One of the best techniques I use to help you with this is to encourage you to free associate (read more about free association here) and to help you make connections between your associations, thoughts, feelings, and memories by listening carefully to the words you say as well as to the patterns in your speech. The techniques we use to go deeper into addressing anxiety may feel weird at first because most of us are used to filtering what we say to others. This may also make you more anxious before you start to feel better. Again, I really believe in this approach as the way to lead to long-lasting changes that cut to the deepest core of your anxious self. I’m willing to help facilitate that journey if you’re willing to put in the work by coming to your sessions and speaking freely even if this makes you feel anxious and awkward at first. I KNOW how much this can help because I have seen it so many times, so trust me on this one, it is worth it!
Focusing on unconscious feelings and fantasies is especially important because we often transfer anxieties stemming from unconscious forces onto everyday things that really can’t be controlled (and don’t need to be either). Figuring out if issues like fear of anger, fear of dependency, or trying to avoid or suppress painful memories is at the heart of your anxiety can lead to relief once and for all. You may still struggle at times, but you’ll be much more in control of your choices when you can recognize your fears for what they are and stop letting them dictate your life.
So, Should I get Help for my Anxiety or Not?
If you have anxiety, you may even wonder if getting therapy is the right choice, or you may question or try to analyze whether you actually have anxiety or need help for it. Afterall, a lot of what you’re struggling with is overthinking right? Deciding whether you should get help for your anxiety may feel like a difficult decision, especially if decisions are hard for you in general. If you’d like to read more about my approach, check out this blog post.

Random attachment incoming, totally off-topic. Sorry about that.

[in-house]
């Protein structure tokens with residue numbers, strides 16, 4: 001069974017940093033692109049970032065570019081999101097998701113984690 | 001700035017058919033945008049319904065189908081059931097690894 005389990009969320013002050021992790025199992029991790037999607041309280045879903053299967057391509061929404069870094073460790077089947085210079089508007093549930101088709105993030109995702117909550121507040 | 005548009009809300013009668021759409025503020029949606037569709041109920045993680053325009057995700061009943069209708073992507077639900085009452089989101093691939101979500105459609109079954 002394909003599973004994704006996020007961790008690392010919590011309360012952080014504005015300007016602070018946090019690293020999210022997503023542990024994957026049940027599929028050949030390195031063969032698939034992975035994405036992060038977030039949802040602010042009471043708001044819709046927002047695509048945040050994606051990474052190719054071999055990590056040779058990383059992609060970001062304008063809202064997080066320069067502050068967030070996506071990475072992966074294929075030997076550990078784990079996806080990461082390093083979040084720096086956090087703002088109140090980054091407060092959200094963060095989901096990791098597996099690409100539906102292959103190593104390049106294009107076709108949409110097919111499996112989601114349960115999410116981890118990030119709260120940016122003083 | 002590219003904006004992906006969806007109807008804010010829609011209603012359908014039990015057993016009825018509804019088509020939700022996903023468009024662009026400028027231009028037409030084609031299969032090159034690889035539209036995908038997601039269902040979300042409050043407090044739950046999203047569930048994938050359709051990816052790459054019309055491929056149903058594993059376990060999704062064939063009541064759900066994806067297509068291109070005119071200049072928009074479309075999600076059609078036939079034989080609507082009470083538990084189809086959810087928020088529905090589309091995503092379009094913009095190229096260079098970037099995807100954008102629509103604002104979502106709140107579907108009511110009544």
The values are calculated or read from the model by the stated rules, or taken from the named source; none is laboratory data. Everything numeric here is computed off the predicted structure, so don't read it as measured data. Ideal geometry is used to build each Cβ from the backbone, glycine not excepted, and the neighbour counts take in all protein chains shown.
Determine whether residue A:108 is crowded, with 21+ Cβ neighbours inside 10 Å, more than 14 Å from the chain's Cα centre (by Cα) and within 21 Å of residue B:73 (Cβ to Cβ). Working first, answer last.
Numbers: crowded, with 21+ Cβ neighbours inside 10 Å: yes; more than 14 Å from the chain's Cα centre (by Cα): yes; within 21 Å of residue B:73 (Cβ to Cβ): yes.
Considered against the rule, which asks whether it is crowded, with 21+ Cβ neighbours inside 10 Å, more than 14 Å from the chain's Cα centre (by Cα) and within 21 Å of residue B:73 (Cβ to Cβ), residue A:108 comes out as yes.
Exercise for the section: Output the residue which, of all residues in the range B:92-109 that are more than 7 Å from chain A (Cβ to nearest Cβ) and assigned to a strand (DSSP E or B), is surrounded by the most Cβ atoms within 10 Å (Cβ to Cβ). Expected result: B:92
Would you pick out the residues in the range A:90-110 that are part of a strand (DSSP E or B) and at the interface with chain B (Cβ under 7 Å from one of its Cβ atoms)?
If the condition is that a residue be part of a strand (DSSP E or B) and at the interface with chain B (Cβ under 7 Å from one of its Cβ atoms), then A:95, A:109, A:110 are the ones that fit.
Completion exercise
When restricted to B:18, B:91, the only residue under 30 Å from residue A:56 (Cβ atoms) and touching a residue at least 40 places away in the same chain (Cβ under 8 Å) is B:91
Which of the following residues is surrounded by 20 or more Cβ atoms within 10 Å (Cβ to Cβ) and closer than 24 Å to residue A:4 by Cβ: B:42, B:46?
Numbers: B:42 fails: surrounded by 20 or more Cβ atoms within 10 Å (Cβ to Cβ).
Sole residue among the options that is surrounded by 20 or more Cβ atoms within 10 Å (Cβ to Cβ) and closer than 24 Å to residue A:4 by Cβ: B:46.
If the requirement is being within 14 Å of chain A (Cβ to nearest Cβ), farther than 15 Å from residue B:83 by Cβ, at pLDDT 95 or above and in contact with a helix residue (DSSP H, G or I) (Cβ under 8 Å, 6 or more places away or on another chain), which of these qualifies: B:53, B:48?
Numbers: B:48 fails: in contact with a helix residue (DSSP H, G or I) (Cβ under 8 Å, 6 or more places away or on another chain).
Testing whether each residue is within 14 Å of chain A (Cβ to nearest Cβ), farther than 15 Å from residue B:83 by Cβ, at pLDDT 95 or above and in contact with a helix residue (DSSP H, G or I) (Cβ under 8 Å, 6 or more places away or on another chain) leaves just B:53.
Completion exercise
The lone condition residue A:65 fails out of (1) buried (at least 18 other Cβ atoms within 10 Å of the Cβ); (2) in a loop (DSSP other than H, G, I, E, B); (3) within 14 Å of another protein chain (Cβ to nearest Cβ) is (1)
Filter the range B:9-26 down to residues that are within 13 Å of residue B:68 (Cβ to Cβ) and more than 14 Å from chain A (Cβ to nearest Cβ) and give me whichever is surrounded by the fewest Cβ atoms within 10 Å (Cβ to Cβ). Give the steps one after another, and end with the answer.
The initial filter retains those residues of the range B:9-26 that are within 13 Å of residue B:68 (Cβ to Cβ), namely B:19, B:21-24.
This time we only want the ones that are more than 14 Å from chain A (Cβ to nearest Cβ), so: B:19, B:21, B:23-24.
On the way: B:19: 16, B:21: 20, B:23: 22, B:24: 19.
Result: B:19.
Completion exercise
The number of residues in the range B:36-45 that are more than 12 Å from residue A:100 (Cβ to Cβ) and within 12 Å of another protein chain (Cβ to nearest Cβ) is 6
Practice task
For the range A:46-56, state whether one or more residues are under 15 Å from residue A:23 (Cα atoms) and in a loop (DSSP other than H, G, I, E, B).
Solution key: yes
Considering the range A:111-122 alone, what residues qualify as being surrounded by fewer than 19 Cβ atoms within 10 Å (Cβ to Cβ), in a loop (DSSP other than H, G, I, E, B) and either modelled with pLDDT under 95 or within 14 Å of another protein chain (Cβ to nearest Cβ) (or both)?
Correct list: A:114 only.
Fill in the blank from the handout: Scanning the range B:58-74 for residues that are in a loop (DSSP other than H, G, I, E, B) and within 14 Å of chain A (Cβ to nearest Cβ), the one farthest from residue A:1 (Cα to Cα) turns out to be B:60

So, What is the Next Step?
For more than a decade, I have been providing treatment for anxiety in Clifton, NJ, helping people understand their anxieties better and get relief from them. I also help people get unstuck when important areas of their lives are being affected by anxiety, such as committing to relationships, making job changes, moving out from living with their parents, setting boundaries, getting over fears of driving, overcoming fears of separation or being alone, and forming new habits overall.
Right now, the coronavirus disease 2019 (COVID-19) pandemic has increased stress and anxiety for many individuals, but some of us also find ourselves with enough free time to finally seek the help we need for concerns like anxiety. Social distancing and shelter-in-place orders don’t have to keep you from taking the first step while you have time. Consider scheduling a telehealth session to tackle anxiety and start feeling better. I look forward to hearing from you so we can decide whether we should work together to help you shed your fears and worries.